The term chronic pelvic pain in men is also known as prostatodynia. It is a pain which is associated irritative voiding symptoms and the pain located in the perineum, genitalia or groin in the absence of pyuria and bacteriuria (in the microscopic analysis of the urine is there no pus cells or bacteria). But, excess white blood cells or bacteria seen on Gram stain and the culture of expressed prostatic secretions may be found. It is a very common urological disorder which affects men of any age.
It is noticed that the chronic pelvic pain in men is a reason for 90% of cases of prostatitis. The chronic pelvic pain in men syndrome is non – bacterial manifestation of the disease and it is noticed that the pain is the primary symptom of nonbacterial prostatitis. The pelvic pain happens between the navel and groin. It can result from a urinary tract infection, sexually transmitted infection or prostatitis, which is an inflammation of the prostate. [1,2]
Chronic pelvic pain in men symptoms
Pain is the main symptom of the chronic pelvic pain. But, also there are some cases, when other symptoms can be present, such as pain relieved by a bowel movement, bloating, flatulence, incontinence, constipation and diarrhea. It is known that this condition can be treated, but it cannot be cured. If you have some of the mentioned symptoms of chronic pelvic pain, then you should make an appointment with your doctor, so he or she will give you medicines to treat your symptoms and to get a relief from them. [1,2]
Chronic pelvic pain in men causes
Here are some causes for chronic pelvic pain in men:
- Irritable bowel syndrome: The irritable bowel syndrome is causing symptoms along the intestinal tract, such as: mucus in the stool, constipation, diarrhea, bloating and painful cramps. The mentioned symptoms tend to go away temporarily after a bowel movement. Doctors can recommend lifestyle and diet changes which can help you to get a relief and medications can help to control some symptoms. 
- Hernia: The sudden pain in the lower abdomen can indicate a hernia. The hernia develops when a piece of tissue or intestine pushes out through a weak point in the muscles. It often forms a small and painful bulge in the area. The pain can get worse when the person strains the muscles, such as when lifting, coughing or laughing. There are some studies in which are noticed that 25% of males will experience a hernia, which is usually happening as they are getting older and the muscles become weaker. It is known that the surgery is the only treatment and it is necessary in order to prevent severe complications. 
- Prostatitis: This is an inflammation of the prostate which is a small gland in the male reproductive system. The prostate is producing a fluid which goes into the semen. There are few types of prostatitis – acute bacterial prostatitis (the most common symptoms include painful ejaculation; waking up many times at night to urinate; a weak or broken urine stream; urinary blockage, or being unable to urinate; frequent urination; difficulty urinating; nausea and vomiting; chills; fever; a burning feeling during urination), chronic bacterial prostatitis (the symptoms of this type of prostatitis are similar to those of acute bacterial prostatitis, but they may be less severe), nonbacterial prostatitis and asymptomatic inflammatory prostatitis (this condition can cause virtually no symptoms). [1,2]]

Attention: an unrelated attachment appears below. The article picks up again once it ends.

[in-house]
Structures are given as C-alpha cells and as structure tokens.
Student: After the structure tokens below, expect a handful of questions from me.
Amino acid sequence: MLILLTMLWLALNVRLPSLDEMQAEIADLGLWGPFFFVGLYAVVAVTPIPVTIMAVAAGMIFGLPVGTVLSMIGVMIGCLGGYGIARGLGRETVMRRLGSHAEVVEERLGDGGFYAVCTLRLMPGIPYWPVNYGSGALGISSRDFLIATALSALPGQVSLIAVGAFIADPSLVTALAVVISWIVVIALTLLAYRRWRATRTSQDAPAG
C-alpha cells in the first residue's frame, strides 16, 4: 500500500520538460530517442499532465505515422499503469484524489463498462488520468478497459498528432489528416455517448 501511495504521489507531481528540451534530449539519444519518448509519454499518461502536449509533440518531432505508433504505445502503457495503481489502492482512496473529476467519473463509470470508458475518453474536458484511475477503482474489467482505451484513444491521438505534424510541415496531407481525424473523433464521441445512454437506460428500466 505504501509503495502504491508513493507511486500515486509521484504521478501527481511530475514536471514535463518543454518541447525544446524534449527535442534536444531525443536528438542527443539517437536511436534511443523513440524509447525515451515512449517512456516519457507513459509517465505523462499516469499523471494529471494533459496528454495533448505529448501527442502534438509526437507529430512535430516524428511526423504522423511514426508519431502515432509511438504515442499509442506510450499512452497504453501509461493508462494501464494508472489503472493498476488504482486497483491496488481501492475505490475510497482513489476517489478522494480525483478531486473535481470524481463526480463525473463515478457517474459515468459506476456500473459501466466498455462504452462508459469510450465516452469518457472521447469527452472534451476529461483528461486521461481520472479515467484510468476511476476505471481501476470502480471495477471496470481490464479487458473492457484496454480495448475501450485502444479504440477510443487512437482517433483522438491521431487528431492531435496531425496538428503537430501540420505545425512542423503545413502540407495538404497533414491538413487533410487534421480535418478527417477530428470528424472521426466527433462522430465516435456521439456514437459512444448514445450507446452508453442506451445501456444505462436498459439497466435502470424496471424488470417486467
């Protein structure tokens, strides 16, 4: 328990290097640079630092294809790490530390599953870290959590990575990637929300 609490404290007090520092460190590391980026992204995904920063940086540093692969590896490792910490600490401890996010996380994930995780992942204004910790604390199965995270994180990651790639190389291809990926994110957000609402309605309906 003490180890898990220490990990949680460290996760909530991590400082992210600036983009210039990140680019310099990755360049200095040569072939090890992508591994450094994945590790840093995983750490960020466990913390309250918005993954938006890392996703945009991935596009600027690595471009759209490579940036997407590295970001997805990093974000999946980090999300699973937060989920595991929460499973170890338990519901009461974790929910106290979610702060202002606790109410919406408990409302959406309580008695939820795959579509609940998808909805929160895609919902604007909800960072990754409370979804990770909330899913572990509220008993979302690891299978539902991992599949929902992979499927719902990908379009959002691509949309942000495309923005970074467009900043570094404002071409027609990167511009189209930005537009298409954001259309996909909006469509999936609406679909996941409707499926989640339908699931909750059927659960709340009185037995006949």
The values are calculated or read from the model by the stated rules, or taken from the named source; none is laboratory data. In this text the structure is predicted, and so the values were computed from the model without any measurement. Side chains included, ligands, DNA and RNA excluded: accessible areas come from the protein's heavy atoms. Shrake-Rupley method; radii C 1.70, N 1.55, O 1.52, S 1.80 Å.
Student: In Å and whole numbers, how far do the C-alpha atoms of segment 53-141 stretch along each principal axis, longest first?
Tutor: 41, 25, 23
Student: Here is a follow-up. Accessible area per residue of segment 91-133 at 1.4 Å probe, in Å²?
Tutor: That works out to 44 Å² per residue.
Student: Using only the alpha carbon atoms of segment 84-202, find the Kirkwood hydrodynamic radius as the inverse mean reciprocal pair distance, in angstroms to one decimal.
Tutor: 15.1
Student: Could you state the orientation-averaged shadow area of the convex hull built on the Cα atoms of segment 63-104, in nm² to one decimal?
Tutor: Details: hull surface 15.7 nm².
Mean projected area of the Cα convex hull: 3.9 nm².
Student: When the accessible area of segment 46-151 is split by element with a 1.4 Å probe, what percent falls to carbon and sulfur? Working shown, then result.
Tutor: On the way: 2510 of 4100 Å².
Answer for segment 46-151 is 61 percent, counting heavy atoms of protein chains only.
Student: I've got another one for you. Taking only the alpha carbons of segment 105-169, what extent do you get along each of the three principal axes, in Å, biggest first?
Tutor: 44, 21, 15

- Sexually transmitted infection: Some STIs, like Chlamydia and gonorrhea, can cause chronic pelvic pain in men. Symptoms include: discharge from the penis, pain in the pelvis and inflammation in the urethra. Also, Chlamydia can infect the rectum or anus, possibly causing pain there as well. 
- Appendicitis: We know that the appendix is a small organ on the right side of the body and the inflammation in the appendix can lead to pelvic pain. Also, there can be other symptoms, such as swelling in the lower abdomen, nausea and vomiting, loss of appetite and fever. If the sharp pain in the lower abdomen accompanies any of the mentioned symptoms, then you should ask for medical help as soon as possible. 
 Harvard Medical School. Chronic nonbacterial prostatitis (chronic pelvic pain syndrome). Harvard Health Publishing. 2007. Retrieved from www.health.harvard.edu/newsletter_article/chronic-nonbacterial-prostatitis-chronic-pelvic-pain-syndrome
 Smith CP. Male chronic pelvic pain: An update. Indian Journal of Urology. 2016;32(1):34–9.
 Clemens Q, Mullins C, Ackerman AL, et al. Urologic chronic pelvic pain syndrome: insights from the MAPP Research Network. Nature Reviews Urology. 2019;16(3):187–200.
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 Papes D, Pasini M, Jerončić A, et al. Detection of sexually transmitted pathogens in patients with chronic prostatitis/chronic pelvic pain: a prospective clinical study.
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